Sent into oblivion 

There are others who talk to journalists but choose to keep their names and faces hidden. Many of these testimonies have wound up in the Russian opposition publication Vazhnye Istorii, which has conducted regular investigations and interviews with combat participants.

Our command does not give a f**k about our fighters.

The stories of Russian soldiers include those openly confessing to war crimes, and blaming their command for the way the war in Ukraine has been conducted, including repeated accusations that they did not know where and why they were going to fight.

Here’s one such excerpt: "I, a soldier of the military unit 51460, Guard Corpsman Daniel Andreevich Frolkin, confess to all the crimes I committed in Andreevka, shooting civilians, stealing from civilians, taking their phones, and that our command does not give a f**k about our fighters, all the infantry who fight on the front line, on the front line."

YouTube testimony

I watched the interview with Pavel Filatiev that came out last week on Michael Nucky's YouTube channel. From the monitor screen, a paratrooper who’s now likely hiding somewhere in France (they say "Europe" about his whereabouts, but a bottle of Cristaline water is visible in the frame), calls to stop the war. He declares that he does not support Putin's regime, and says he has not robbed or raped anyone, and has not personally shot civilians.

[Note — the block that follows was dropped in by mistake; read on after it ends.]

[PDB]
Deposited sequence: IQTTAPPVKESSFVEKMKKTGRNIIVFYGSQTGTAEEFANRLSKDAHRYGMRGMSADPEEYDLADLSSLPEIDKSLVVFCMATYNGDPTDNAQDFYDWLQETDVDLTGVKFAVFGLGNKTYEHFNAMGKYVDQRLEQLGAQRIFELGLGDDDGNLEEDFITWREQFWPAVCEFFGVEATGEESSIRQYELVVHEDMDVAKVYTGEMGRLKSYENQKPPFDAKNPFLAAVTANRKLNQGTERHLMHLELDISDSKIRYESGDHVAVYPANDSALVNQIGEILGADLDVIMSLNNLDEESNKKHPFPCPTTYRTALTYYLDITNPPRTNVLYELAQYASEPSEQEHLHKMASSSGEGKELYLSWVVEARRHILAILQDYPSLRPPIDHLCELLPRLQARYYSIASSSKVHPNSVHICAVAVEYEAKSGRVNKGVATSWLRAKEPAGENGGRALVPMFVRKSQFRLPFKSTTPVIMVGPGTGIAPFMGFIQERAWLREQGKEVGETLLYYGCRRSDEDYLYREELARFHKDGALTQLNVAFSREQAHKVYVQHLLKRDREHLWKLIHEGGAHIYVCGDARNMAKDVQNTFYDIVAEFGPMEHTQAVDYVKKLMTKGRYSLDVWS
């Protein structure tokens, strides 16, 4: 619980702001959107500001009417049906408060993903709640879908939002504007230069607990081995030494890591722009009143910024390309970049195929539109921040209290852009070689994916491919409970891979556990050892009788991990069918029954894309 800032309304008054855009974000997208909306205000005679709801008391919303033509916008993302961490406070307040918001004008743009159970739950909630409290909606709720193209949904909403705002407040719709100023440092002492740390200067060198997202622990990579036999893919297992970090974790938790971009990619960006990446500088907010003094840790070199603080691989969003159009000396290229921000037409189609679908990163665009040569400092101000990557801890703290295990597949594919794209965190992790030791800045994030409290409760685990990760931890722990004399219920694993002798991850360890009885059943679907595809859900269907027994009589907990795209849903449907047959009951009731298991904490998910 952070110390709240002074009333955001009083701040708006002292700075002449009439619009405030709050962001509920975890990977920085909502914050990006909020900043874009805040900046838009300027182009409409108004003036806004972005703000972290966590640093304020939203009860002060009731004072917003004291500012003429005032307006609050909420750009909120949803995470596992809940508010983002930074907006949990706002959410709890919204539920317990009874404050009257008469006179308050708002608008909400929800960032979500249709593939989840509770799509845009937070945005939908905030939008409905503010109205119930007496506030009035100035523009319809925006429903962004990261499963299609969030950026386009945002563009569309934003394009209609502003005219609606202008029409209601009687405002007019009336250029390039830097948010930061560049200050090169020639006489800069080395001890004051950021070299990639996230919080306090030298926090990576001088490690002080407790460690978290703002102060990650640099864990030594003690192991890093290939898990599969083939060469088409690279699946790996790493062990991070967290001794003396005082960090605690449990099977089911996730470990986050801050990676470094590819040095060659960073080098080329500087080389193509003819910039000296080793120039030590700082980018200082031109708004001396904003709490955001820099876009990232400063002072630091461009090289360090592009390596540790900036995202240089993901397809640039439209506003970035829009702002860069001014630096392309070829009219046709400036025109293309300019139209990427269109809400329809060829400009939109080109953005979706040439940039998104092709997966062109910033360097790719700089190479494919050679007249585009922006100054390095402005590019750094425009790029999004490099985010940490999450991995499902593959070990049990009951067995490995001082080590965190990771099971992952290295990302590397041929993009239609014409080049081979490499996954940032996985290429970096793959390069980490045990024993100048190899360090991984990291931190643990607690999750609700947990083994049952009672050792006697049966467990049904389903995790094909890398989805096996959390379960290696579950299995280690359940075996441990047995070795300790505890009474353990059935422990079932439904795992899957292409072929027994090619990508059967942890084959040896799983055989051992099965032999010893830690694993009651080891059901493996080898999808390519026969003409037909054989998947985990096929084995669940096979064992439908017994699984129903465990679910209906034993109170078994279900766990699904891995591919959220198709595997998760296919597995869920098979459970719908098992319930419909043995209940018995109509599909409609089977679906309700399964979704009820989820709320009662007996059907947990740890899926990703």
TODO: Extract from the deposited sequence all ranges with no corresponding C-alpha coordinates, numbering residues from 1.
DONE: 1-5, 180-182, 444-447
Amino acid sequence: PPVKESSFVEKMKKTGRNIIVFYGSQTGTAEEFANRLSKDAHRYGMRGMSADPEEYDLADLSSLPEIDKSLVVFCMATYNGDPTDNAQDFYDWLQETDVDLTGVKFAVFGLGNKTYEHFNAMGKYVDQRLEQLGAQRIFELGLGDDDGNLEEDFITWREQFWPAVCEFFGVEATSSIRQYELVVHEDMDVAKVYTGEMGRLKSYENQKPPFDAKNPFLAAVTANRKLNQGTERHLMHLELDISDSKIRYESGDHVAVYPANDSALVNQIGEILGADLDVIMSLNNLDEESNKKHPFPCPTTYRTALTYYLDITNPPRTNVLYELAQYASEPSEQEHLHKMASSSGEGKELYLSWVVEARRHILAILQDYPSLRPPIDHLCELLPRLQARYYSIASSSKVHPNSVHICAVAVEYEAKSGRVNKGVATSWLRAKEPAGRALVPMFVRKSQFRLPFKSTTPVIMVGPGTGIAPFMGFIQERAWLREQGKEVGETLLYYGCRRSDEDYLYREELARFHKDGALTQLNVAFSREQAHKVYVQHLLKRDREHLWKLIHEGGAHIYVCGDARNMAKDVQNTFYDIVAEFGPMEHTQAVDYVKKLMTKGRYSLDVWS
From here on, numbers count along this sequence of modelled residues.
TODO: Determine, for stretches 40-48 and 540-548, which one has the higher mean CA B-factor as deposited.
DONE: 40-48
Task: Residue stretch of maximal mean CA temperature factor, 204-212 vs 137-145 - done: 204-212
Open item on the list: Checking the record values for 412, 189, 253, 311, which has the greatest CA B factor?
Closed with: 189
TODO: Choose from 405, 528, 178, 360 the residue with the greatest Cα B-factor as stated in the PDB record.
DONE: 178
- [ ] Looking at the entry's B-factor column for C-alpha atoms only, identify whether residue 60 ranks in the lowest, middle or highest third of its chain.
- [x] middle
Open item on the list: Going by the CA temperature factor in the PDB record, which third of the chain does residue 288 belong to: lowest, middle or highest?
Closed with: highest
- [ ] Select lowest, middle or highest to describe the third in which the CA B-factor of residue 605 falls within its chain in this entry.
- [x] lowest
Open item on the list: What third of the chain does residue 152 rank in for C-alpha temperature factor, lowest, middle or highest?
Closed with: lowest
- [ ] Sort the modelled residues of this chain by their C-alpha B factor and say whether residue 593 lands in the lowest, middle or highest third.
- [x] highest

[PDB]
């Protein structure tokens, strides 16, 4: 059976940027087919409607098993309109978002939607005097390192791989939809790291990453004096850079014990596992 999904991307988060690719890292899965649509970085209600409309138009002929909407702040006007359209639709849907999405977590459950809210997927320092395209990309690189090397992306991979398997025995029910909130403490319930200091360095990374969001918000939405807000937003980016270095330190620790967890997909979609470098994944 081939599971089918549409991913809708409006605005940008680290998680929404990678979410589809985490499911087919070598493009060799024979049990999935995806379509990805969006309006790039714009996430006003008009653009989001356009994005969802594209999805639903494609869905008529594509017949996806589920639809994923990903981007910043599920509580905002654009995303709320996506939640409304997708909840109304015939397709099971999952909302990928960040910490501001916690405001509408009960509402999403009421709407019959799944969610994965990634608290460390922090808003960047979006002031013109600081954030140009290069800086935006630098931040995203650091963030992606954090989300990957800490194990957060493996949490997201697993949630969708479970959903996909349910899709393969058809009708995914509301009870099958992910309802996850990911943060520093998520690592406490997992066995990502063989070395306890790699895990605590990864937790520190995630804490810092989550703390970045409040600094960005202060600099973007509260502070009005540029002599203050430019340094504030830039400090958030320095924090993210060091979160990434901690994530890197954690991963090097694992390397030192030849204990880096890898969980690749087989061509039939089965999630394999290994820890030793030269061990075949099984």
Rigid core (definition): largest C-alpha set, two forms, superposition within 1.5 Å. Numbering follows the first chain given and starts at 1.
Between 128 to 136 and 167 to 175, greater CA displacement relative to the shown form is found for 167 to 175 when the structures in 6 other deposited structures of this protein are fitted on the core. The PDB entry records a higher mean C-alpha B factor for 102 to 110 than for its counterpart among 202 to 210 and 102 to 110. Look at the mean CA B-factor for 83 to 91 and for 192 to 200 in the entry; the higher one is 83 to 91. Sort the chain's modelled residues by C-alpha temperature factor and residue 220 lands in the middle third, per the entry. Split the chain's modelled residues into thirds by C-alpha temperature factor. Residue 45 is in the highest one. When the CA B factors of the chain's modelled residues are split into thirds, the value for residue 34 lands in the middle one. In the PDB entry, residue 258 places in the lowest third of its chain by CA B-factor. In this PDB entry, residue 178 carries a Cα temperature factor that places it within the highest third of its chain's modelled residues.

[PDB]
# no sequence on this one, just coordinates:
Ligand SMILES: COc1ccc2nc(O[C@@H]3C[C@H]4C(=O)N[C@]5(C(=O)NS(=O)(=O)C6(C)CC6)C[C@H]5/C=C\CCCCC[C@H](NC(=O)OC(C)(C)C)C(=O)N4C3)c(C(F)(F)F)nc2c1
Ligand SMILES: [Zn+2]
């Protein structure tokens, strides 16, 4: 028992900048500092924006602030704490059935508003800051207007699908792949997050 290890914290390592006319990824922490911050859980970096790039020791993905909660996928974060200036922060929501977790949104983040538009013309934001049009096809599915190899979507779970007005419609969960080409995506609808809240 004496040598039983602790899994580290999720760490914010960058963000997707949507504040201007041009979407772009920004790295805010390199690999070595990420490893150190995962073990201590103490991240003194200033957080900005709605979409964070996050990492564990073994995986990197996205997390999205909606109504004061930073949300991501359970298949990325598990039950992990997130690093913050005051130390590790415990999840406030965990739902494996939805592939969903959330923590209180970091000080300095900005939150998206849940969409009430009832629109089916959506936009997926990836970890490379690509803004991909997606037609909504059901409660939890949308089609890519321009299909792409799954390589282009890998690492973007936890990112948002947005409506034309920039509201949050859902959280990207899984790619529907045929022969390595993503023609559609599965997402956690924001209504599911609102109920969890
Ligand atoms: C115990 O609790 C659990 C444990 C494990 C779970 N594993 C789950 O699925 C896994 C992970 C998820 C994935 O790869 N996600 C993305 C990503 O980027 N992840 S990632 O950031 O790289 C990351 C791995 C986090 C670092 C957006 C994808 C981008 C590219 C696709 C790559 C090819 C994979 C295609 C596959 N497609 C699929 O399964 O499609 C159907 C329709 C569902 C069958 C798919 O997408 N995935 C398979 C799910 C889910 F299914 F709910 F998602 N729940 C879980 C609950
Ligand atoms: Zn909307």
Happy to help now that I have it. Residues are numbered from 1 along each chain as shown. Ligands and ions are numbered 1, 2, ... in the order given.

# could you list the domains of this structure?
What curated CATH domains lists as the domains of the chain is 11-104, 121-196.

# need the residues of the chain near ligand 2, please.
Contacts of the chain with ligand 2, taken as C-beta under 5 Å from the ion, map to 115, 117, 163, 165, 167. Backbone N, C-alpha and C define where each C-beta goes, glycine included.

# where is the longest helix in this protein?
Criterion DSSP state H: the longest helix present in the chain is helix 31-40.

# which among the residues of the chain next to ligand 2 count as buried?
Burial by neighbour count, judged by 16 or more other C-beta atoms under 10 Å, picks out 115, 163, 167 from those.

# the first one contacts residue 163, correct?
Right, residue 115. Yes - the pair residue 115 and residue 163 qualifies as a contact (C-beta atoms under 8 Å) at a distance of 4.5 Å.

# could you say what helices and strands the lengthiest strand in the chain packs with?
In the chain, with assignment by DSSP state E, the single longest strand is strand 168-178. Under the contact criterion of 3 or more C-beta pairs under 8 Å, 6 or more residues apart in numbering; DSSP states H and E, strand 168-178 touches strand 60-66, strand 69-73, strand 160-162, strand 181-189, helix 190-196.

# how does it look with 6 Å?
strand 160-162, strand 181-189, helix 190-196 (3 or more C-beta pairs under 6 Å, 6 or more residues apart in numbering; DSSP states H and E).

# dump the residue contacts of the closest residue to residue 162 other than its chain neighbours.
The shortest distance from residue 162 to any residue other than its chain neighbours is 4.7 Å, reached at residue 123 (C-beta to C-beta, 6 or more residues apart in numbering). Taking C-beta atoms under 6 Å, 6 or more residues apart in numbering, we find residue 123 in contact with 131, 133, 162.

Of course, the testimonies of Russian soldiers are important information. But on face value, they can be accepted neither as evidence nor as justification, much less as atonement.

There is a military tribunal for that, not an interview on YouTube.

The Russian opposition publication Verstka, which also investigates desertions and runaways, writes that most Russian soldiers are fleeing the war, not for ideological reasons, but simply because the army is poor, there is nothing to eat on the front, nowhere to sleep or wash.